Britains native mountain hare (quick biology lesson)

I have Karen Miller to thank for this image of a mountain hare. She was out on the mountain in the snow with her camera, and I was in the relative (mostly not that relative) warmth of my studio with paper and pastels. Karen has inspired me. She has captured some wonderful and characterful shots of mountain hares and other wildlife and I will be attempting to do some of them justice, with her gracious permission.
I have been moved to learn more about these secretive yet ubiquitously depicted creatures. Most people who come to my studio mistake them for “bunnies”. I guess you could be forgiven if you have never seen a hare, but they are a very different beastie indeed. Their physiology for a start; much larger and more powerful as you would expect, but a thing like their nasal cavity has evolved quite differently to that of a rabbit in order to accommodate the volume of air needed to fuel their flight and gymnastics; the way their heart is anchored extra securely to their skeleton in order not to be dislodged in sharp turns and tumbles while racing from predators (or suitors). The leverets are borne fully formed with eyes open. They live entirely above ground and do not make a burrow. They are among a very small group of animals that have the ability to conceive while in the last stage of pregnancy, thought to be an adaptation to shorten the time between litters.
We live in an age where raising grouse to shoot commercially takes precedence over mountain hares and many are killed so that grouse hunting can remain lucrative. Not in some far off place, but in Scotland. Maybe the more we learn about an animal, an ecosystem, our planet, the safer it becomes because hopefully with knowledge comes respect. Thats how it works for me anyway.
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This is a 30 x 30 cm drawing I did a couple of years ago as one of a pair of commissions from Jenny herself. She is an extraordinary woman in her eighties now, and she wanted something for her family to remember her by. The drawing is from a strongly lit black and white photo of her in her early twenties looking quite pensive and uncertain. I don’t often do portraits but this image was sufficiently odd and engaging and Jenny is such a fun and engaging character that I could not refuse.

Great Chalfield Oak

This is one of my latest drawings of what I can only assume is an oak, in a delightful field in Great Chalfield. It stands as part of an avenue of sturdy mature oaks that punctuate the grass in a strait line from one gate to the next. It’s a 25 minuet walk from my home. I discovered it in high summer when the air was full of insects and the cool shade of the trees made a dappled, fairy tail tunnel into another world. I went back in late Autumn to catch the trees without their clothes on. A Tree Creeper, seemingly oblivious to me was industriously hunting the crevices for a meal. On another walk there, just before the gate to the field, I came face to face with a muntjac deer crossing the road, he and I both pedestrians for a moment, both heading into different fields. Other walks in that direction have resulted in encounters with a young grass snake, a beautiful brown hare and a kingfisher. All practically on my door step and there for all to see if you know how to look.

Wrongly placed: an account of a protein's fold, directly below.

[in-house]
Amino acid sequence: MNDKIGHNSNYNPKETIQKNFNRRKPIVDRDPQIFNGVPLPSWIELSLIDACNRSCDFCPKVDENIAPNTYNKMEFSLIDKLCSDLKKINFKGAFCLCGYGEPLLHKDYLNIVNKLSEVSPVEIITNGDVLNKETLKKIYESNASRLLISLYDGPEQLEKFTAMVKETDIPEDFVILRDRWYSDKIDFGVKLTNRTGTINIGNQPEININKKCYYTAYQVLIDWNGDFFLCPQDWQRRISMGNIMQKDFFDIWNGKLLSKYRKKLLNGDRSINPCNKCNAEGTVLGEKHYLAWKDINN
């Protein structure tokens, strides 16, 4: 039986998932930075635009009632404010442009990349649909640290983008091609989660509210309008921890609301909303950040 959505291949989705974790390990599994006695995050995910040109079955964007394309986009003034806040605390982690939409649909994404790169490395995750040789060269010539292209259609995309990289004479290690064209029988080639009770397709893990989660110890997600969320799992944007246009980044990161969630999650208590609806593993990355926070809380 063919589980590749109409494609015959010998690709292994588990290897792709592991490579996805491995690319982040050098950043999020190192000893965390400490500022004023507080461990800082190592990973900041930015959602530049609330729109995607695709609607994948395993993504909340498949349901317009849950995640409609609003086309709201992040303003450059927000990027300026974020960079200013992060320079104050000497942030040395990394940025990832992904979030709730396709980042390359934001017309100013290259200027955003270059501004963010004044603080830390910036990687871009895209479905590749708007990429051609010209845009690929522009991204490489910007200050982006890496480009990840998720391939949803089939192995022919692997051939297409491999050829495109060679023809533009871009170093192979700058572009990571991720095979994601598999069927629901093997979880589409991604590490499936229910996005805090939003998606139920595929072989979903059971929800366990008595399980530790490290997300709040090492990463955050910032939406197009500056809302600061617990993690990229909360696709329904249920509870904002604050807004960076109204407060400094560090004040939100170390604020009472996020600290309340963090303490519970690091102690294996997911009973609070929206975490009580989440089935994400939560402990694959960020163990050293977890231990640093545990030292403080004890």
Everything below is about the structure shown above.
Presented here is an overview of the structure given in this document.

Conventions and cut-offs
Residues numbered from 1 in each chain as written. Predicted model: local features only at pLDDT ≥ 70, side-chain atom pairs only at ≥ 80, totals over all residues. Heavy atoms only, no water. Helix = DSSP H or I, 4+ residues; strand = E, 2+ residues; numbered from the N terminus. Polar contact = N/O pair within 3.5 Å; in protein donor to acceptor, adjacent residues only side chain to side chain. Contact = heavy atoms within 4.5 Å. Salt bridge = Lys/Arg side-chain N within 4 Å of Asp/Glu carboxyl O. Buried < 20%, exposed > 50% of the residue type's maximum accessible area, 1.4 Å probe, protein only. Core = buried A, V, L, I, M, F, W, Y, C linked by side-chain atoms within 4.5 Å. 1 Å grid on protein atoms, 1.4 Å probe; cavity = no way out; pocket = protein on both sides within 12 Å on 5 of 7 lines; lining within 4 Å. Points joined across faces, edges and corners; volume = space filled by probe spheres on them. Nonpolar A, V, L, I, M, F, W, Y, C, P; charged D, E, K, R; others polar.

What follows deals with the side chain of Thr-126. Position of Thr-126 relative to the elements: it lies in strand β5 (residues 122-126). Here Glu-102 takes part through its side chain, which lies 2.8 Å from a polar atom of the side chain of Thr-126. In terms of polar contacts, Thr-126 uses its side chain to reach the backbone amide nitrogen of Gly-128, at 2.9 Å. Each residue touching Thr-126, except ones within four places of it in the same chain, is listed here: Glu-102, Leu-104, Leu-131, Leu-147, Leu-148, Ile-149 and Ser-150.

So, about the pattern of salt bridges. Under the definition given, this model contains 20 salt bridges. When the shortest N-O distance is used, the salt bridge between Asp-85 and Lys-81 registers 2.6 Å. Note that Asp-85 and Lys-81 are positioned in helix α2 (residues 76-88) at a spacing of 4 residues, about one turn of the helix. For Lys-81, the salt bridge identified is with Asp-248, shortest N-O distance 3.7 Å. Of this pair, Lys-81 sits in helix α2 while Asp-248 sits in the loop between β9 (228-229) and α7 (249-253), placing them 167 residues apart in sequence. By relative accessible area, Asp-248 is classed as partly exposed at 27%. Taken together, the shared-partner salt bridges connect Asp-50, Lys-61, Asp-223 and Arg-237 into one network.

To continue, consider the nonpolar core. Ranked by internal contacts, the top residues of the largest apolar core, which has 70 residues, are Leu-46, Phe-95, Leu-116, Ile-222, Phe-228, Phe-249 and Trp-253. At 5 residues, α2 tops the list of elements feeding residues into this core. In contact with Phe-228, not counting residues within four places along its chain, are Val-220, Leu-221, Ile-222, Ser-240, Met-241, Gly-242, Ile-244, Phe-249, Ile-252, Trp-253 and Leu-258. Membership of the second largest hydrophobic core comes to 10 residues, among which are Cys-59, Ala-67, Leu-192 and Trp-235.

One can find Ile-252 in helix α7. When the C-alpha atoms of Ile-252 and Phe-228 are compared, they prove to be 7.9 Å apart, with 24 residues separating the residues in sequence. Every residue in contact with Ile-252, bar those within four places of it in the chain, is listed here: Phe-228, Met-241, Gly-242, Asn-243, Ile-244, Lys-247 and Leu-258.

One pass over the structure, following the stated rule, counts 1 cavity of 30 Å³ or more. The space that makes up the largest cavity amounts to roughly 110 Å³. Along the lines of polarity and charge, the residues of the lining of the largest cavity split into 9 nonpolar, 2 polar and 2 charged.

Graphite on wood £195

Cloth Road Arts Week

Who Me ?

This fellow is on the cover of the brochure for this years Cloth Road Art Trail.  The Corner Gallery where I make and sell my work is participating from the 5th to the 13th of May. We hope to get lots of visitors through the door and it’s a great opportunity to see and purchase fresh work made especially for the event.  There are three artists at two venues down at the Tithe Barn Workshops so it really is worth a visit if you find yourself on the Art Trail.

 

 

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The corner gallery is where I have my open studio and shop, along with three other artists. I can be found at my drawing board through the door on the left of this photo. We are situated in the beautiful Barton Farm Country Park just across the way from the Tithe Barn. The gallery is just one of the seven outlets comprising the Tithe Barn Workshops, where you can relax in the peaceful garden, enjoy a cream tea and shop for original art, crafts, antiques and all manner of unusual lovelies. A visit to us helps to support local  independent traders and artists. So, bring your dog and your family!